Wautoma, WI
Current Conditions
0:56 AM CDT
Cloudy
Temperature
48°F
Dew Point
35°F
Humidity
61%
Wind
ESE at 5 mph
Barometer
30.24 in. F
Visibility
10.00 mi.
Sunrise
07:19 a.m.
Sunset
06:03 p.m.
Afternoon Forecast (12:00pm-7:00pm)
Temperatures will range from 47 to 51 degrees with clear skies. Winds will remain steady around 7 miles per hour from the northeast. No precipitation is expected.
7-Day Forecast
Tuesday
51°F / 33°F
Sunny
Wednesday
55°F / 33°F
Partly Cloudy
Thursday
49°F / 41°F
Light Rain
Friday
62°F / 44°F
Partly Cloudy
Saturday
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Sunny
Sunday
63°F / 44°F
Partly Cloudy
Monday
64°F / 54°F
Light Rain
Detailed Short Term Forecast
Issued at 0:56 AM CDT
Tuesday...Temperatures will range from a high of 51 to a low of 33 degrees with mostly clear skies. Winds will range between 5 and 8 miles per hour from the east. No precipitation is expected.
This Evening ...Temperatures will range from 42 to 35 degrees with clear skies. Winds will remain steady around 7 miles per hour from the east. No precipitation is expected.
Overnight ...Temperatures will remain steady at 34 degrees with mostly clear skies. Winds will remain steady around 6 miles per hour from the east. No precipitation is expected.
Wednesday...Temperatures will range from a high of 55 to a low of 33 degrees with partly cloudy skies. Winds will range between 2 and 10 miles per hour from the southsoutheast. Less than 1 tenth inch of rain is possible.

MSU Southwest Michigan Research and Extension Center to host annual viticulture day

Aug. 1, 2013 | 0 comments

MSU AgBioResearch, the Michigan Grape Society and MSU Extension will co-host the 24th Annual Viticulture Field Day at the Southwest Michigan Research and Extension Center (SWMREC), from 9 a.m.-5 p.m. July 31.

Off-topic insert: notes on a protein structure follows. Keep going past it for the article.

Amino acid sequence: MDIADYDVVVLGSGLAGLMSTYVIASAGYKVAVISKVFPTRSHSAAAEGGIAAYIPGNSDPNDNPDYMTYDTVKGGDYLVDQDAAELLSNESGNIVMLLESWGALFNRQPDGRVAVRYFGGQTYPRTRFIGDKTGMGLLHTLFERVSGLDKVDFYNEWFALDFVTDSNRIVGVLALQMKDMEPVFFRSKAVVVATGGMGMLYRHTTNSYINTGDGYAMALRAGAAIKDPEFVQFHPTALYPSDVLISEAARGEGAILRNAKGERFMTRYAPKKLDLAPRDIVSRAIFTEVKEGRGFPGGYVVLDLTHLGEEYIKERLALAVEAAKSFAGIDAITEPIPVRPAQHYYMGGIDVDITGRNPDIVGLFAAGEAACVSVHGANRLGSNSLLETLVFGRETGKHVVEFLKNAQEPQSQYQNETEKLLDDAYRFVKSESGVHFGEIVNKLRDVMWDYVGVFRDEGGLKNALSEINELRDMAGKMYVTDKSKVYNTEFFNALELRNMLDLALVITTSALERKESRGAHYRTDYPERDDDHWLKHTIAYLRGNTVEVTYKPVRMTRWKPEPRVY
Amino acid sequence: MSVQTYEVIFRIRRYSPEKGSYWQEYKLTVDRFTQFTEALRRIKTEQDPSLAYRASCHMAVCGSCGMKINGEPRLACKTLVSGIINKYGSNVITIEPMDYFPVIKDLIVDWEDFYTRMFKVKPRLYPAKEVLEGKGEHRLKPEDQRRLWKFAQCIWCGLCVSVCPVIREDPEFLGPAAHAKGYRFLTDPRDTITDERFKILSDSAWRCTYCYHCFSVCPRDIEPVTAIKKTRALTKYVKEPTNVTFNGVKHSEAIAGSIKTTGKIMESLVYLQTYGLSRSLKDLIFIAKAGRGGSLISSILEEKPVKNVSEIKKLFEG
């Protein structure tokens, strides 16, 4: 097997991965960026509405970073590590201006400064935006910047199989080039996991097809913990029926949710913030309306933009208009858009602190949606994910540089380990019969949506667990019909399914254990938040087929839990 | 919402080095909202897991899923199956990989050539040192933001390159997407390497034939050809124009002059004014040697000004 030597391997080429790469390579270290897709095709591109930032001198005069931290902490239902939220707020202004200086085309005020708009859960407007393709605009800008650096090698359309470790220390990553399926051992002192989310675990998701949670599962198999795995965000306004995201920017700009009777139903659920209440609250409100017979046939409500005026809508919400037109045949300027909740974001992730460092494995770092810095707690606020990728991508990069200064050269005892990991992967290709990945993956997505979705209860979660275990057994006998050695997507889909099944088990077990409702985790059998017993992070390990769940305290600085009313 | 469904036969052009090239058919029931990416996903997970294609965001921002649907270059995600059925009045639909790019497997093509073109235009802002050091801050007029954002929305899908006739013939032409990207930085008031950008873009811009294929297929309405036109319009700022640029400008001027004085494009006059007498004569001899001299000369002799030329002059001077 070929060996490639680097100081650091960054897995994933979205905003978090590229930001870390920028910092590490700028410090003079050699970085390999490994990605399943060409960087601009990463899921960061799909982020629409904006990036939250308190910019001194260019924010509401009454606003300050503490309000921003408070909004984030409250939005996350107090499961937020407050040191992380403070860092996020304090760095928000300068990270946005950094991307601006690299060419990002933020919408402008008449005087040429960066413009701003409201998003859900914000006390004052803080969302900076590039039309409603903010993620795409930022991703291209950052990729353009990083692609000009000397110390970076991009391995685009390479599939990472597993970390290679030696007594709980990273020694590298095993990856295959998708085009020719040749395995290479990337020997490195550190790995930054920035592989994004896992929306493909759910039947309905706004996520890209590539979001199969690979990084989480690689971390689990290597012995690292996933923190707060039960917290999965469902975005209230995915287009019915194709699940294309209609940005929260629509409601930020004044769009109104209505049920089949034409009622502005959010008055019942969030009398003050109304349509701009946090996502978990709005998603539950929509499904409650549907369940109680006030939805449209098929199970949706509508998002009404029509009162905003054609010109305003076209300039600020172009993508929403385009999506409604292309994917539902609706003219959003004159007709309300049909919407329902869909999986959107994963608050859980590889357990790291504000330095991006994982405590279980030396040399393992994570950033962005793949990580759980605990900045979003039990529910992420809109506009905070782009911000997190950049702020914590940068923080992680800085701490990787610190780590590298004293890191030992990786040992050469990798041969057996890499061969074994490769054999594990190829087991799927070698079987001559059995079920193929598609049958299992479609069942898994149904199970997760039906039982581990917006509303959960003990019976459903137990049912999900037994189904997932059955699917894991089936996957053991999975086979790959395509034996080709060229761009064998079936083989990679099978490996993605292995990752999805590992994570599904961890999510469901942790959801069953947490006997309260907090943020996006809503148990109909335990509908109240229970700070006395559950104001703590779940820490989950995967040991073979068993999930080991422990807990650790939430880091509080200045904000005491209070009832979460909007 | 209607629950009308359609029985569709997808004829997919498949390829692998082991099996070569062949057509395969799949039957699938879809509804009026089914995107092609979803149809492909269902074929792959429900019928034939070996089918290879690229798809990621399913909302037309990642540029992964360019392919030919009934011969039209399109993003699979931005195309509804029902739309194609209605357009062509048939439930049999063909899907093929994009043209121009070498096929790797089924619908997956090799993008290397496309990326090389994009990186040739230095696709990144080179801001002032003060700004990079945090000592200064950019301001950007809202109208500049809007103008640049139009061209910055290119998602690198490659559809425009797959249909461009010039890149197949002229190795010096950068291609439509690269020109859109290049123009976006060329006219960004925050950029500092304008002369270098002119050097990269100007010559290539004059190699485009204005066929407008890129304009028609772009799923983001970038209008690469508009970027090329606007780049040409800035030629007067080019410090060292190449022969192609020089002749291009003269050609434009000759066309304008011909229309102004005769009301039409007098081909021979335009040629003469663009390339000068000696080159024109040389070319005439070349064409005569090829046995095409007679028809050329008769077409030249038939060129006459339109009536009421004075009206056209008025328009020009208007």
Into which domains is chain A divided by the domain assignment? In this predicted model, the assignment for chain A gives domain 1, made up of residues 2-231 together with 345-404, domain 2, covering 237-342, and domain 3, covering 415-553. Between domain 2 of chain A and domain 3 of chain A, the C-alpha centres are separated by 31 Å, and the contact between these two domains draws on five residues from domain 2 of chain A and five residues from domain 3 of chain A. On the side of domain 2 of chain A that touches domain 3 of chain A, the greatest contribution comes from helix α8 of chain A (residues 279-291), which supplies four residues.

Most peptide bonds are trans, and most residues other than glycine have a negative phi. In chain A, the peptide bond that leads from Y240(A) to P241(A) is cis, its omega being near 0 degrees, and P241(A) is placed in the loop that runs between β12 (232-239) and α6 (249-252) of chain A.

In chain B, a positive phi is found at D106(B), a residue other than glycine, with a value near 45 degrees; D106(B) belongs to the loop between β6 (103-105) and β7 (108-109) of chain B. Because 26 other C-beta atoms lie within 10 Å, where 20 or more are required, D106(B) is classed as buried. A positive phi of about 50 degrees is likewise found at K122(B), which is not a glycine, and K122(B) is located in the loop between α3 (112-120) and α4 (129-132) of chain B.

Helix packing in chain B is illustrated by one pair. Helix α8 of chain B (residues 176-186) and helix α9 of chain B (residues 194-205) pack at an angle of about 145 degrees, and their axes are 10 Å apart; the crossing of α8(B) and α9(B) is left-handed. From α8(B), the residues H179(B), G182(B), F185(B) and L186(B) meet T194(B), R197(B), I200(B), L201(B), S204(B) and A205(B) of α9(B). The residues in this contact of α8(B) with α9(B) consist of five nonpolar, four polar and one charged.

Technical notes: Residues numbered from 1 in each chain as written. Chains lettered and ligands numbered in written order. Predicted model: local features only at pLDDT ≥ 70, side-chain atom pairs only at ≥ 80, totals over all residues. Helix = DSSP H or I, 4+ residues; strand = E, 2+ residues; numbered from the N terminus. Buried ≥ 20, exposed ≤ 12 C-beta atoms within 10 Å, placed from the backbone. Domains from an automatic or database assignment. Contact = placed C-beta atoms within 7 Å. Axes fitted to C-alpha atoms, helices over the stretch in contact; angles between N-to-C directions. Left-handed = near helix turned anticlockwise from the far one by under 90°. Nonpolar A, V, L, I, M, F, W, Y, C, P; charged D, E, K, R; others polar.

The event features workshops on a variety of grape-growing topics presented by MSU researchers and Extension specialists.

Professor of entomology Rufus Isaacs will discuss managing leaf-feeding insects to maintain vine health and fruit quality. His work involves a five-year project on the potato leafhopper and Japanese beetle at the MSU AgBioResearch Trevor Nichols Research Center in Fennville.

Participants will learn about insecticides that can be used to control the pests, as well as how to inspect for damage.

"This is all part of our efforts to give the growers access to the best information so they can make informed decisions to use the right products, prevent damage, and increase crop yield and quality," Isaacs said.

Assistant professor of horticulture Paolo Sabbatini will present a workshop on grape leaf removal.

Grape clusters are directly influenced by heat and light, and the goal is to ripen the fruit as quickly and efficiently as possible with the best balance of flavors, aromatics, acid and alcohol.

"Removing the leaves around a cluster is a pivotal operation on high-density canopies to improve clusters' microclimate," he said. "Leaf removal reduces the chance of bunch rot complex diseases while improving fruit quality, color, flavor and mouth-feel components, often defined as 'technological maturity.'"